What’s on tap for week three of the legislative session

by | Jan 27, 2020

If week two of session was the appetizer, week three may very well be the entree.

Lawmakers are entering the third week of the annual 60-day Legislative Session, and things are officially heating up inside the House in Senate. A number of important measures are set to be voted on this week — from a pro-life bill to legislation that would expand the Second Amendment.

With Republicans looking to get the first victory of the early cycle, here are some of the bills to keep an eye on this week.

(HB 183) – Prohibited Places for Weapons and Firearms

Gun legislation introduced by Representative Mel Ponder will face its first hurdle on Tuesday when it is up for consideration in the Criminal Justice Subcommittee.

The bill would create an exception to allow members of county commissions, municipal boards, school boards or special district boards to carry at their meetings if they have concealed weapons licenses.

As it stands, the state bans carrying concealed weapons at places such as police and sheriff’s stations, jails, courthouses, polling places, colleges, and professional sporting events.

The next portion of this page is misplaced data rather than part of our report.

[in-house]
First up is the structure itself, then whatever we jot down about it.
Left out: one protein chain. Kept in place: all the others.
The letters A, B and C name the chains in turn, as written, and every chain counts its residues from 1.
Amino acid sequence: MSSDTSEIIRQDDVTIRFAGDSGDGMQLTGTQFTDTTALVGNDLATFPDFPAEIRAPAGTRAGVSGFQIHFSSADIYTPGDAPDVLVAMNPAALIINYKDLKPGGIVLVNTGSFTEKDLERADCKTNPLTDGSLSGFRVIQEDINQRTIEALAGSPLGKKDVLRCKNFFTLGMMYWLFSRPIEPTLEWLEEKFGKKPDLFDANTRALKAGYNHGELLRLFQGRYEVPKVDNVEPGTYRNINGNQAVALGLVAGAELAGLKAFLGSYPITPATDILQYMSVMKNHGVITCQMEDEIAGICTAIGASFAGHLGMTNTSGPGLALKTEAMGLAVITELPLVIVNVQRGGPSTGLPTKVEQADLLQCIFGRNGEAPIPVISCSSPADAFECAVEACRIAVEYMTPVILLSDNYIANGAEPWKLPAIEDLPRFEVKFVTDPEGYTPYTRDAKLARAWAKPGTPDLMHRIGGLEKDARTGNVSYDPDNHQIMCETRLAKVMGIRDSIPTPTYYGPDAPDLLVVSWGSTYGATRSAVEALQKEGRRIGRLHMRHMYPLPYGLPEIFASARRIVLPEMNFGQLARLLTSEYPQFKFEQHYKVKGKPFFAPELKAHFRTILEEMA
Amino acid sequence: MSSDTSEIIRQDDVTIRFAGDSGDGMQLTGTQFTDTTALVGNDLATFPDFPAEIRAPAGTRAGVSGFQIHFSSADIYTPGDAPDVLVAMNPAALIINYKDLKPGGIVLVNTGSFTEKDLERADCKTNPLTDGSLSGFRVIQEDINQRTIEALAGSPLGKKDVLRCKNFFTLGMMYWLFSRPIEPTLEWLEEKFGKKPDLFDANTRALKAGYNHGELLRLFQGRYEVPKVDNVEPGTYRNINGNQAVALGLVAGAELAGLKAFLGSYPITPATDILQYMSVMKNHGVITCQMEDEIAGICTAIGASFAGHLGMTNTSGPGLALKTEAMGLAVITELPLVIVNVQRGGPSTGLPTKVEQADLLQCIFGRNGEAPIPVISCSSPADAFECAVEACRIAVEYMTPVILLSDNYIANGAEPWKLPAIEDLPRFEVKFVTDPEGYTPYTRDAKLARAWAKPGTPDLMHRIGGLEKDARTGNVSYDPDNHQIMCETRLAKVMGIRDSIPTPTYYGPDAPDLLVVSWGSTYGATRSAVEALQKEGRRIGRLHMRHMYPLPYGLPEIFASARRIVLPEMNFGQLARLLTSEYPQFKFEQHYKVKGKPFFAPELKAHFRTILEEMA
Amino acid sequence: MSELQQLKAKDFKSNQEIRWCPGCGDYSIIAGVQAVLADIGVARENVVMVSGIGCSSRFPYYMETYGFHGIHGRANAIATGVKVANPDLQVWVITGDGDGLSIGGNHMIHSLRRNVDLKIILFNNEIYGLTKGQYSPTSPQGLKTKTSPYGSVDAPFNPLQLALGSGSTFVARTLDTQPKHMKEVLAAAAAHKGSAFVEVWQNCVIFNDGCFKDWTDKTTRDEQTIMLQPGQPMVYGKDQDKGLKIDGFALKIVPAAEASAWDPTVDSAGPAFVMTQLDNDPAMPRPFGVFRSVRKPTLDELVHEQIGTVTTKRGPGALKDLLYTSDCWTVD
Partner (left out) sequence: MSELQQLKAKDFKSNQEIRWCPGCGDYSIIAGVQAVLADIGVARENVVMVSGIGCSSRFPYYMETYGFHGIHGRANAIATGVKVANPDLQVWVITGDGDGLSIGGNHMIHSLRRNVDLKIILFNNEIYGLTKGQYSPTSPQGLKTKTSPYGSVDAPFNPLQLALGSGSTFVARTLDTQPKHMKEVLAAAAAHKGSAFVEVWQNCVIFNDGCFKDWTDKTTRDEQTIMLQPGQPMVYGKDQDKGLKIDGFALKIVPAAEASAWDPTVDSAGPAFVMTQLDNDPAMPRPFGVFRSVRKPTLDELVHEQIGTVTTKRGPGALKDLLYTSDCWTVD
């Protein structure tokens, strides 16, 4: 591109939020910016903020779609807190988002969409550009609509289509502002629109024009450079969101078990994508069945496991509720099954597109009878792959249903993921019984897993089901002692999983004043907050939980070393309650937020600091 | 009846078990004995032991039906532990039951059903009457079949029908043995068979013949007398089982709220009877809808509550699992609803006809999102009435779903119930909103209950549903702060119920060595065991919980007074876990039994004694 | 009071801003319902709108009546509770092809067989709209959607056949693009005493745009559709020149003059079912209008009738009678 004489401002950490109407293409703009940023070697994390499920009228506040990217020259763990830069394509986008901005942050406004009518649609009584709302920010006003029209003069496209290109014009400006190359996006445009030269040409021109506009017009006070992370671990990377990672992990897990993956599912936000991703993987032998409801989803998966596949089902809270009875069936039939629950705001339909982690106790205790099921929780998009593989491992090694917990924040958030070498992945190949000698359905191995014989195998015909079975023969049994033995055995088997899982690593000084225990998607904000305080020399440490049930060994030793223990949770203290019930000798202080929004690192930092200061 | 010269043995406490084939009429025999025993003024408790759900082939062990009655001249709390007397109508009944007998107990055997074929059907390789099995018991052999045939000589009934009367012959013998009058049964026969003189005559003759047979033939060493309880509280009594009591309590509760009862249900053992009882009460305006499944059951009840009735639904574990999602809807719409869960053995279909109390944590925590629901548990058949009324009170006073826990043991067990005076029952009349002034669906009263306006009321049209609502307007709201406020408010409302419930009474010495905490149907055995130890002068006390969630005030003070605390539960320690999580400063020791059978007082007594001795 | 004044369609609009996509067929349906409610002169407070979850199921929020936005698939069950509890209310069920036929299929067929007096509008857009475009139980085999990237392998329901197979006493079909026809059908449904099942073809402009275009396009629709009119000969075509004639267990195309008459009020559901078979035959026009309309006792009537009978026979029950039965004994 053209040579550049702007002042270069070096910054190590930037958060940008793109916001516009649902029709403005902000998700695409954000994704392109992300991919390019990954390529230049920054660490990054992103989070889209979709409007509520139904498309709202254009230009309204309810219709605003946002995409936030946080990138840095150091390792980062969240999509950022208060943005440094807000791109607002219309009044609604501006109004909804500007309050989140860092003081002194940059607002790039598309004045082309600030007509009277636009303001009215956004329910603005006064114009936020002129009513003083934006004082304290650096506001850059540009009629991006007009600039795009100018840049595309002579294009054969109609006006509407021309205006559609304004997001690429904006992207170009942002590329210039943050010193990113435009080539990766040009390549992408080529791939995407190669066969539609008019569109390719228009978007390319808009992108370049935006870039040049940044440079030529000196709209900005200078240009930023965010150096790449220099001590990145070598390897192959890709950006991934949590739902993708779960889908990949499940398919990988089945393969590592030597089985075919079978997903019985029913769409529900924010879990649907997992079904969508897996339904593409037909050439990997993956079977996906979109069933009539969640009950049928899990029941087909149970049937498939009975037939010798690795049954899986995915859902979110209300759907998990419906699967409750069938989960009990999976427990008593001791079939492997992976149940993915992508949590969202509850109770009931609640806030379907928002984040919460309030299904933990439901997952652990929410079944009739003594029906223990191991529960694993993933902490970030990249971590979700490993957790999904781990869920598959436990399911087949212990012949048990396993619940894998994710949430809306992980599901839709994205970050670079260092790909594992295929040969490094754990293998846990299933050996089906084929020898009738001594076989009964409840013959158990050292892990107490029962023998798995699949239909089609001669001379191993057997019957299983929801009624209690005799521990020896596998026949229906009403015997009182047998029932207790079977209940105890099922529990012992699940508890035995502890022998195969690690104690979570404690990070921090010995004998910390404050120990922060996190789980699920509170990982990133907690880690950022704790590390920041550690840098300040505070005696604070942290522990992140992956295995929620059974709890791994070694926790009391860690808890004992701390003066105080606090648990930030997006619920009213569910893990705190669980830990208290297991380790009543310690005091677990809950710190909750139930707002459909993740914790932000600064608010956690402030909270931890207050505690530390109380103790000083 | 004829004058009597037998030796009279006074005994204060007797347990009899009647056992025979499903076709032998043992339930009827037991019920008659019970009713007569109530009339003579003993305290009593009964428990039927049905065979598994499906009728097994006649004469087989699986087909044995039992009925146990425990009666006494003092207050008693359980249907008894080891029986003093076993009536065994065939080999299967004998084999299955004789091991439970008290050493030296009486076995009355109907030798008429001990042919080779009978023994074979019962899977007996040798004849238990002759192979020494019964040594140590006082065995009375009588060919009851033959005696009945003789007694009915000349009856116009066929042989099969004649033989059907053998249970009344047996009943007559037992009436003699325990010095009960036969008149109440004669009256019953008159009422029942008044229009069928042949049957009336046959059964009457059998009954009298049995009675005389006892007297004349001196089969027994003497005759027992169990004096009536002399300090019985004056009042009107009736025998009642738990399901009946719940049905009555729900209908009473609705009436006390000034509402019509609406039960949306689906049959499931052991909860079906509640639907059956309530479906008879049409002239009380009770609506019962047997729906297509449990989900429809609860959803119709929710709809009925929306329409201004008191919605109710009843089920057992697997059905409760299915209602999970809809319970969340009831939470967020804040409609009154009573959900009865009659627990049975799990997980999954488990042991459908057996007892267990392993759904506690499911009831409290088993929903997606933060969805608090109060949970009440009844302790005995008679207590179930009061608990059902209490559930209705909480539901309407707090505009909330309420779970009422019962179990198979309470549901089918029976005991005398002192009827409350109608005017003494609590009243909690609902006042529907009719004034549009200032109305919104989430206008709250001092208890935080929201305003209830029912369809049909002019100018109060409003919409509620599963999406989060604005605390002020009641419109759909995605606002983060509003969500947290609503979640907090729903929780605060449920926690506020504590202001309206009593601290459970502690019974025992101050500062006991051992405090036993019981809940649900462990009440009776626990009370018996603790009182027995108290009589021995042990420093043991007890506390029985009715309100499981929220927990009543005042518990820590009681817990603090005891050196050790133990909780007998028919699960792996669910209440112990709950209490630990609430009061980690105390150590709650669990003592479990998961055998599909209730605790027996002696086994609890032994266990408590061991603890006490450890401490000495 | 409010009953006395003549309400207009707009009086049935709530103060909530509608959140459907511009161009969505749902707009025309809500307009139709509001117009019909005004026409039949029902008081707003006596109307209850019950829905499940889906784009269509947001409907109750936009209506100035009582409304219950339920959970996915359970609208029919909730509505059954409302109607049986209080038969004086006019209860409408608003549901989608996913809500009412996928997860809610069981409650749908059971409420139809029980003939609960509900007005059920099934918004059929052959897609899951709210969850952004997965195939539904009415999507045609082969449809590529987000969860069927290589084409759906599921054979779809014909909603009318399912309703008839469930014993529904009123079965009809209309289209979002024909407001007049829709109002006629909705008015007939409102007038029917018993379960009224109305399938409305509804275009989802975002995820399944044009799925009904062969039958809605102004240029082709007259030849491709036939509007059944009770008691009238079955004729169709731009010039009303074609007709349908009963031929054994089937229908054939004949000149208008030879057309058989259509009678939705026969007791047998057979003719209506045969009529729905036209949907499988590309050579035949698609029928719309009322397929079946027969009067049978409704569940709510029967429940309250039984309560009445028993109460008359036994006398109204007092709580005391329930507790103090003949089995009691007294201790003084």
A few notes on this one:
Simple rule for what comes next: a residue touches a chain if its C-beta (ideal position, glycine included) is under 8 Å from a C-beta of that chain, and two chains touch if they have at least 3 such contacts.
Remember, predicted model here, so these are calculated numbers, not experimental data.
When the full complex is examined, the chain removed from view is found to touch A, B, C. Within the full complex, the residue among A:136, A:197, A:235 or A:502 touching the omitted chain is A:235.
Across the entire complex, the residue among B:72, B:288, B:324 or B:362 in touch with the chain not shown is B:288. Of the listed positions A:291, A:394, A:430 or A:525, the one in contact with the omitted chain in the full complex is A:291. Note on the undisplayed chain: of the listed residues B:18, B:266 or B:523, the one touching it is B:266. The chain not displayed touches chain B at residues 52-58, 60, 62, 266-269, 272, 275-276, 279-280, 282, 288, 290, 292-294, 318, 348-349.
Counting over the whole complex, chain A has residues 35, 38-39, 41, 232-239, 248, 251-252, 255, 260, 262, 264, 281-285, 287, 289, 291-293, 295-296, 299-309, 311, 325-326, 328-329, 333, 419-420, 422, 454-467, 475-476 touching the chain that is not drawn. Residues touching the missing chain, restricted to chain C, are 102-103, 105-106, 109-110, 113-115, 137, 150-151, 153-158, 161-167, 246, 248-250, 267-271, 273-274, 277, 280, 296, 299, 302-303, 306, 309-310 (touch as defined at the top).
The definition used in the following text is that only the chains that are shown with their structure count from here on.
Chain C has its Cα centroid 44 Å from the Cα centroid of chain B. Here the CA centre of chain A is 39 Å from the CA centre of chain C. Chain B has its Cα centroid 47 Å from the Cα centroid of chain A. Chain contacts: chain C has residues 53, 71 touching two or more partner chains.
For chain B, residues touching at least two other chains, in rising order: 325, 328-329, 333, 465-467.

A similar bill (SB 1524) was filed by Sen. George Gainer.

(SB 404) – Parental Consent for Abortion

Pro-life advocates received a preliminary victory last Wednesday, with Senator Kelli Stargel‘s parental consent for abortion bill being approved in its final committee. The bill, which is supported by Governor Ron DeSantis, would prevent a physician from performing an abortion on a minor unless the physician received consent from the minor’s parents or guardian.

The measure passed in the Senate Rules Committee last week with a 9-7 vote.

Arguably the most important bill this week, the hot-button issue has divided many on both sides of the political aisle. Democrats claim the bill restricts women’s rights and could lead to other measures — such as (HB 271) — being passed, furthering curtailing abortions in the state. Republicans, however, believe the bill will prevent more murders, restoring accountability by allowing parents to be part of such a crucial decision.

The controversial proposal is set to be considered by the full Senate on Wednesday.

(HB 1189) – Genetic Information for Insurance Purposes

A bill that will prohibit insurance companies from using home genetic testing kits in changing, denying or canceling policies is set to be considered in the House on Wednesday.

The legislation, introduced by Speaker-designate Chris Sprowls, seeks to outlaw life, disability and long-term care insurers from denying policies or setting premiums based on markers that might be discovered through DNA home kits.

State and federal law already prevent insurance providers from using a person’s genetic information when deciding if and at what price to cover that consumer. The future speaker seeks to expand that ban to life, disability and long-term care insurers.

With hundreds of DNA kits growing in popularity, Sprowls says that insurers want to take the genetic information and weaponize it to use it to set rates and exclude someone from coverage.


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